The cost of prescription drugs has been rising fast. Driven by novel and improved treatments for illnesses such as hepatitis C and cancer, fewer drugs coming off patent than in prior years and our aging population, drug benefits costs have been increasing for several years.

For employers offering drug benefits plans, this is a formidable challenge. Not surprisingly, employers are focusing more on cost containment as drug prices continue to push premiums up. But implementing cost-cutting measures can be a daunting task. Reducing benefits leads to employee dissatisfaction. And the burden drug costs put on employees — in a time of relatively low wage growth — could have a negative impact on their morale and an employer’s ability to attract and retain them.

There are ways to address rising costs and engage employees. But doing so means employers need to focus on creative plan design and frequent, consistent and relevant communication with plan members.

Engagement in action

One large Quebec company did just that. Its drug benefits plan covers almost 10,000 unionized members (both active employees and retirees) as well as their dependents. In total, more than 25,000 people are insured under the plan.

Since 2009, detailed drug utilization reviews for the company’s benefits plan found more than 75% of its costs are associated with prescription drug use. With drug costs rising, premiums increased by more than 8% annually in a four-year span. So plan members — who are responsible for paying the largest portion of the cost of coverage (more than 75%) — were eager to find ways to contain premium increases. (Every year, 225 representatives get together to look at the benefits plan and find solutions to improve it.)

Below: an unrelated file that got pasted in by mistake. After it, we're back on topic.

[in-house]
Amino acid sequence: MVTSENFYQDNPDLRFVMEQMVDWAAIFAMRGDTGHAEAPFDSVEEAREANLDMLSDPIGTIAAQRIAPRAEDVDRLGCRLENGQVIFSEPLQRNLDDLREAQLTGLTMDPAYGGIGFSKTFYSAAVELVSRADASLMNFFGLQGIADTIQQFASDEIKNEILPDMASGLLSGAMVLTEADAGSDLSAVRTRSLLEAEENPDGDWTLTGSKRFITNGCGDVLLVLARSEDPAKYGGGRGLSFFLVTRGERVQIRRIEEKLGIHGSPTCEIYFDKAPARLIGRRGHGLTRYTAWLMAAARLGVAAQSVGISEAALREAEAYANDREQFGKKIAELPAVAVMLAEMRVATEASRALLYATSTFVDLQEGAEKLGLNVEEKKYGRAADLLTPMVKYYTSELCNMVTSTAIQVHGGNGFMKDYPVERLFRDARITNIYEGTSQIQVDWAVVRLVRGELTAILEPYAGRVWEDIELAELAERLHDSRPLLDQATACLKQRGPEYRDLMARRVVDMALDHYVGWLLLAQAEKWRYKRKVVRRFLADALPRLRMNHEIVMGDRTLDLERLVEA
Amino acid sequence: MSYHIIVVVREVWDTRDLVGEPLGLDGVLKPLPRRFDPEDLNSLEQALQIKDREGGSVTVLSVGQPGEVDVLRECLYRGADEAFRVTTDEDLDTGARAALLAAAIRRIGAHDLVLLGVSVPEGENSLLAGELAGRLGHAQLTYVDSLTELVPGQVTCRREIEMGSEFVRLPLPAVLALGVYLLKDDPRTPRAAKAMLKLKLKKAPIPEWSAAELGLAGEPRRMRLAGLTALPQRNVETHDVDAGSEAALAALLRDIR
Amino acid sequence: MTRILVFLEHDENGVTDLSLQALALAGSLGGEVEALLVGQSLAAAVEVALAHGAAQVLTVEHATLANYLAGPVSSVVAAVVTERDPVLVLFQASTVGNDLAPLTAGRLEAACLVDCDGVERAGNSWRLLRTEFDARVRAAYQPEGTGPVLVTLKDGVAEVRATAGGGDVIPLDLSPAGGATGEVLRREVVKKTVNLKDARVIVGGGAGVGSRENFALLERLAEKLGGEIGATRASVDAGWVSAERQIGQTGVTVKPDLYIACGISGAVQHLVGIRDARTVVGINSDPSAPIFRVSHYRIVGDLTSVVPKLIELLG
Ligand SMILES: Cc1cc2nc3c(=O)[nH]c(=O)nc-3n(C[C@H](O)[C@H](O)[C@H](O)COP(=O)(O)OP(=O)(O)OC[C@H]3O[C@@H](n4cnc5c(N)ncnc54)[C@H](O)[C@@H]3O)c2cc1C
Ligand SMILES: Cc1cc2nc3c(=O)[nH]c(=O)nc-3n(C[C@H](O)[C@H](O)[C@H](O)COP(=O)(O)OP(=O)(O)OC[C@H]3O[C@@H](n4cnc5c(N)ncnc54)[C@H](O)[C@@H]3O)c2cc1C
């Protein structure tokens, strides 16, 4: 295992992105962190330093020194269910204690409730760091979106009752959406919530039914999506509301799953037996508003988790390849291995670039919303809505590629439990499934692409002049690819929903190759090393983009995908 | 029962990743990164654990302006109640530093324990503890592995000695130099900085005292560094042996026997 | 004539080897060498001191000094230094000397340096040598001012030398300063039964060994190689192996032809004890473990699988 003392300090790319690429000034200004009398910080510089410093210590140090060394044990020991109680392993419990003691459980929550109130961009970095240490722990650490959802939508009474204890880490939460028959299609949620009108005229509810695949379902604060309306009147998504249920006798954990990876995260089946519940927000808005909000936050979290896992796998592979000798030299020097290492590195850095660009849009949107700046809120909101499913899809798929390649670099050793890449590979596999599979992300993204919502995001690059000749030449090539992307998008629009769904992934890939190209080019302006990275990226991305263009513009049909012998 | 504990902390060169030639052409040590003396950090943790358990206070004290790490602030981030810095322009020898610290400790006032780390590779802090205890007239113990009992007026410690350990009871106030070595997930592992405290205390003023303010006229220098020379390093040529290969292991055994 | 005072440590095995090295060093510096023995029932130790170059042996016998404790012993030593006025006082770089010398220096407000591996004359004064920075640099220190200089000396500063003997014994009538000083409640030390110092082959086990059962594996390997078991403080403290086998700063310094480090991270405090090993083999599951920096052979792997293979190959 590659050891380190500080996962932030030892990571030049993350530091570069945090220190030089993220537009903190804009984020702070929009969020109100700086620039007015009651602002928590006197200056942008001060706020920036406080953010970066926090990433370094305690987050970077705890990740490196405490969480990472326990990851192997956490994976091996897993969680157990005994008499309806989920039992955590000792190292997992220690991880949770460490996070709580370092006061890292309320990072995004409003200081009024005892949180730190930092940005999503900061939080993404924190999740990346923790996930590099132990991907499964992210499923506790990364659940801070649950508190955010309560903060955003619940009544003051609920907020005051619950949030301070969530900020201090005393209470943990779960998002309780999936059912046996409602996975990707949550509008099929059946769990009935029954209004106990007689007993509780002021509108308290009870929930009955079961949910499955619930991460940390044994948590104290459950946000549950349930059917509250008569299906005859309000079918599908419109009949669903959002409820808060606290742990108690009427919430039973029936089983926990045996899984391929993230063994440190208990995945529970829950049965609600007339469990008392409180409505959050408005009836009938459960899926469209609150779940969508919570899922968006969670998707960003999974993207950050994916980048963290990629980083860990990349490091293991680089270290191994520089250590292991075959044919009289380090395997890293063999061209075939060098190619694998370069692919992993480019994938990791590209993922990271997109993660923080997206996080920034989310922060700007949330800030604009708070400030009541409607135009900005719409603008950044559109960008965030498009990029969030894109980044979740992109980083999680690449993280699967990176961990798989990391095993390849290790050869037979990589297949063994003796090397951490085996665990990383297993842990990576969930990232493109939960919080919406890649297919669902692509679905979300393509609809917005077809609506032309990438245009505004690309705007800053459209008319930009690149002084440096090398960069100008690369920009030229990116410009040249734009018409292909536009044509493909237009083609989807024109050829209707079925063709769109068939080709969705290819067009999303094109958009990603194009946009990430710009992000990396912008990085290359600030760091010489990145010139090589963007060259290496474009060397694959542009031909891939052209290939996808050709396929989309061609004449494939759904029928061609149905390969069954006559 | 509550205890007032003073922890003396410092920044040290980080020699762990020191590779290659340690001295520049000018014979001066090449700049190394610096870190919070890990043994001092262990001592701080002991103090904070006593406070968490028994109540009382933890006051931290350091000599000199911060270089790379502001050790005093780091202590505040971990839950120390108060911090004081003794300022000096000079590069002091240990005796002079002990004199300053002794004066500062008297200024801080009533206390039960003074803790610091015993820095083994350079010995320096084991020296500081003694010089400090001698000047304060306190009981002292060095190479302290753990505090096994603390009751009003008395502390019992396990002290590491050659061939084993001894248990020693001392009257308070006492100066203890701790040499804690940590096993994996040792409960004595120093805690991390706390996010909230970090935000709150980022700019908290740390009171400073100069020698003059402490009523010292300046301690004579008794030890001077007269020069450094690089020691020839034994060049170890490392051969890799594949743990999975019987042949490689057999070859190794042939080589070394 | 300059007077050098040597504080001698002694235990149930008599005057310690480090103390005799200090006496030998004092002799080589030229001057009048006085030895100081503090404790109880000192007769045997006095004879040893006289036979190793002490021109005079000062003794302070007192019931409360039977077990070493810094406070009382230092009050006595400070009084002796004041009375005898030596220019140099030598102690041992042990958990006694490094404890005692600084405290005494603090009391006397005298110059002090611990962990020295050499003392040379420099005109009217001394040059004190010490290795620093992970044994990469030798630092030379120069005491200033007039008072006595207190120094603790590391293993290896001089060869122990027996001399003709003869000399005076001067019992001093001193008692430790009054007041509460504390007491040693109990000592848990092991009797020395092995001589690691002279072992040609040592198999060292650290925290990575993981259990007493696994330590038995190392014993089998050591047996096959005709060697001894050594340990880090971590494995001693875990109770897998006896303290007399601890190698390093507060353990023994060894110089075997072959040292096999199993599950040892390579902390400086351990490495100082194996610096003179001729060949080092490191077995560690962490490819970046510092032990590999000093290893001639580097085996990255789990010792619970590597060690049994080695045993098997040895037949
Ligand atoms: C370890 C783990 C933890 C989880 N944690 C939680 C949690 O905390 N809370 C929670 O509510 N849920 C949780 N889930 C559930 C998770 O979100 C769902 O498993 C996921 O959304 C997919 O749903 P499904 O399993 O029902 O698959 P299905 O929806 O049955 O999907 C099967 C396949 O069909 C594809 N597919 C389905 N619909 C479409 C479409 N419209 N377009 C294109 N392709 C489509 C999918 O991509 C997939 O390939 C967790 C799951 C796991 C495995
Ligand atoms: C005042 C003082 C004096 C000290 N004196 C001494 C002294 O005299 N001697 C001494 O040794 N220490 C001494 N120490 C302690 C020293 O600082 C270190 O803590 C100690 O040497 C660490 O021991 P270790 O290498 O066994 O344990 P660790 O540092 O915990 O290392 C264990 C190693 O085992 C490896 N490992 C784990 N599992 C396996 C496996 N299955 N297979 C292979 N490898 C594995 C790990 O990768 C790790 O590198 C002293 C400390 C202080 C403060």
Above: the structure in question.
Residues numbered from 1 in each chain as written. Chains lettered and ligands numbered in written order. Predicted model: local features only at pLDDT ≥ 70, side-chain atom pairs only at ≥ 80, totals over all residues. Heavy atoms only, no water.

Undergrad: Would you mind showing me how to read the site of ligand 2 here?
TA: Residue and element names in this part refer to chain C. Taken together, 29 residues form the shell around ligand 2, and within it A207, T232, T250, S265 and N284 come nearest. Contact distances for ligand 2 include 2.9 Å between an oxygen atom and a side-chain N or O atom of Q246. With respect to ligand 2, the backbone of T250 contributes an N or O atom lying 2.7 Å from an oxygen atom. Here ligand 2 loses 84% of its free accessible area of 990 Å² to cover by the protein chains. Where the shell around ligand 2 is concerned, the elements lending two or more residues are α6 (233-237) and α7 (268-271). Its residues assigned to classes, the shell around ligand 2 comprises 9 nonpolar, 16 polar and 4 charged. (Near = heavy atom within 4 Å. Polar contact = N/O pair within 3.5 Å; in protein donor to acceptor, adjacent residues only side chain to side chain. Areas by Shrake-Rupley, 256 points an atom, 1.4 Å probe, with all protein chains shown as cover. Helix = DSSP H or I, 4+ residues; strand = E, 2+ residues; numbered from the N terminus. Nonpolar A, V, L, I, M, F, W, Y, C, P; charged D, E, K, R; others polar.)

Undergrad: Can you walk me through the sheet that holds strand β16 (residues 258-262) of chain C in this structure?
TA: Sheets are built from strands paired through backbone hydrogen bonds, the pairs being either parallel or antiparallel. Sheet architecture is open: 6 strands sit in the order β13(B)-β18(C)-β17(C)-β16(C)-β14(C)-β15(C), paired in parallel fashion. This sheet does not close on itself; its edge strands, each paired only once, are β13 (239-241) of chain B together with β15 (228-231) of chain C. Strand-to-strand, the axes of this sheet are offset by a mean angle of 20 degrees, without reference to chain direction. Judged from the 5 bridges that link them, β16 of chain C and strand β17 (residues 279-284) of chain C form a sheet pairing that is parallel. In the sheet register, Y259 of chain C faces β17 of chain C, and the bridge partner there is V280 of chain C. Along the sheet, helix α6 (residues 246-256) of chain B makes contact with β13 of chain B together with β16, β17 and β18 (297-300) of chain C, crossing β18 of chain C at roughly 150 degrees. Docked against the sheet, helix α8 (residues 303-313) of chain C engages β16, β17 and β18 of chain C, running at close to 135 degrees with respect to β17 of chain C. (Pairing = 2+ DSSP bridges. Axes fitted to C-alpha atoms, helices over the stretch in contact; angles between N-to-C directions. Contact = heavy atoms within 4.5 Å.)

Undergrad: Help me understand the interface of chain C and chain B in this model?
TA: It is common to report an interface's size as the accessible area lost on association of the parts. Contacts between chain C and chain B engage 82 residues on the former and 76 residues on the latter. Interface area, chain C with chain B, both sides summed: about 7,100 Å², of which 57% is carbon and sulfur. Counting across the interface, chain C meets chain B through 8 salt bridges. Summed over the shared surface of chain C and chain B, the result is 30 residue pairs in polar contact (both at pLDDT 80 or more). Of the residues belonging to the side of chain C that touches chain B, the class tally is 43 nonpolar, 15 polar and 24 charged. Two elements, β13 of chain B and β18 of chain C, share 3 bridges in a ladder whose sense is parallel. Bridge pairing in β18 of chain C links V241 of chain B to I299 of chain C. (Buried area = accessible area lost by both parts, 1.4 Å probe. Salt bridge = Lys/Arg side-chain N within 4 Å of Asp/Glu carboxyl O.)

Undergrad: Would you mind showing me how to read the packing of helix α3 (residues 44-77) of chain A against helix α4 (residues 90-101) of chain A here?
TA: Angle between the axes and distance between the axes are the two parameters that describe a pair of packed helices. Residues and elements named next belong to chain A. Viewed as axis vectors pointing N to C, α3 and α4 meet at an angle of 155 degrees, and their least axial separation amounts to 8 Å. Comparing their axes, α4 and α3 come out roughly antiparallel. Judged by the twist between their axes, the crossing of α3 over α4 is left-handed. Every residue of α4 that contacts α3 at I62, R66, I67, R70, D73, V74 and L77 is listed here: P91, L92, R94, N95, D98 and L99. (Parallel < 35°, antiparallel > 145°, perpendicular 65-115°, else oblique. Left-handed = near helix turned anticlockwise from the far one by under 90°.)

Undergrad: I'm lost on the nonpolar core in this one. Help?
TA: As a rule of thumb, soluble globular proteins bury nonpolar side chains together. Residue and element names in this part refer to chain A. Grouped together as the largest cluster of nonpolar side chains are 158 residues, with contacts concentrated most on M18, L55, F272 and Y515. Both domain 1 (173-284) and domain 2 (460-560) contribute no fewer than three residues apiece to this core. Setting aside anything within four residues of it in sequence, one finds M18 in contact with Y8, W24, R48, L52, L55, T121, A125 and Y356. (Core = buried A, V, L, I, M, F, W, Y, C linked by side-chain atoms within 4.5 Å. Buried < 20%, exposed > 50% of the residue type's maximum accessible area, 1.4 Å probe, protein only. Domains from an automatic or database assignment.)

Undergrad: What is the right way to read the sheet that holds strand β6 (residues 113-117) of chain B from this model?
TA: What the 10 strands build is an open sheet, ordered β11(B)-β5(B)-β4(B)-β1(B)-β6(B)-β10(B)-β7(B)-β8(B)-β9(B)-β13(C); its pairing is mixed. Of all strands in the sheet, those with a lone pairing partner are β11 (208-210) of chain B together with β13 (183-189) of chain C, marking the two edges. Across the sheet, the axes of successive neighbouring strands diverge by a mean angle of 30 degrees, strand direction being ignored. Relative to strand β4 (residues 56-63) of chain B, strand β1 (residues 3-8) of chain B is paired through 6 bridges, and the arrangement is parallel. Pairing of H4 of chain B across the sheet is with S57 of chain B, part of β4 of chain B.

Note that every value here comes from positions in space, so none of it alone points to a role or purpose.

The union needed to balance the health needs of its employees with sustaining program costs. So, three years ago, the union made changes to the group insurance plan, providing incentives for insured employees to choose more cost-effective medications.

In one initiative, the revised plan offered a higher reimbursement percentage for generic drugs. And the plan replaced the traditional annual deductible with a $6 per-script deductible for multi-source brand drugs (brand name drugs whose patent has expired so interchangeable generics are now available for substitution) or a $9 per-script deductible for patented brand drugs. In short, when plan members purchased generics, they paid less.

None of this would have worked, however, if employees hadn’t fully understood what the new plan entailed and its effect on them. The employer adopted a robust communications program across all available media: intranet, print communications (including documents sent to employees’ homes) and short videos. The employer communicated with plan members at least three times each year.

The first of those communications began six months before the company implemented any changes. Plan members were informed of the upcoming revisions, receiving both paper and online communications.


Of U.S. employers expect to make changes to their full-time employee health benefits plans over the next three years—even though cost increases remain low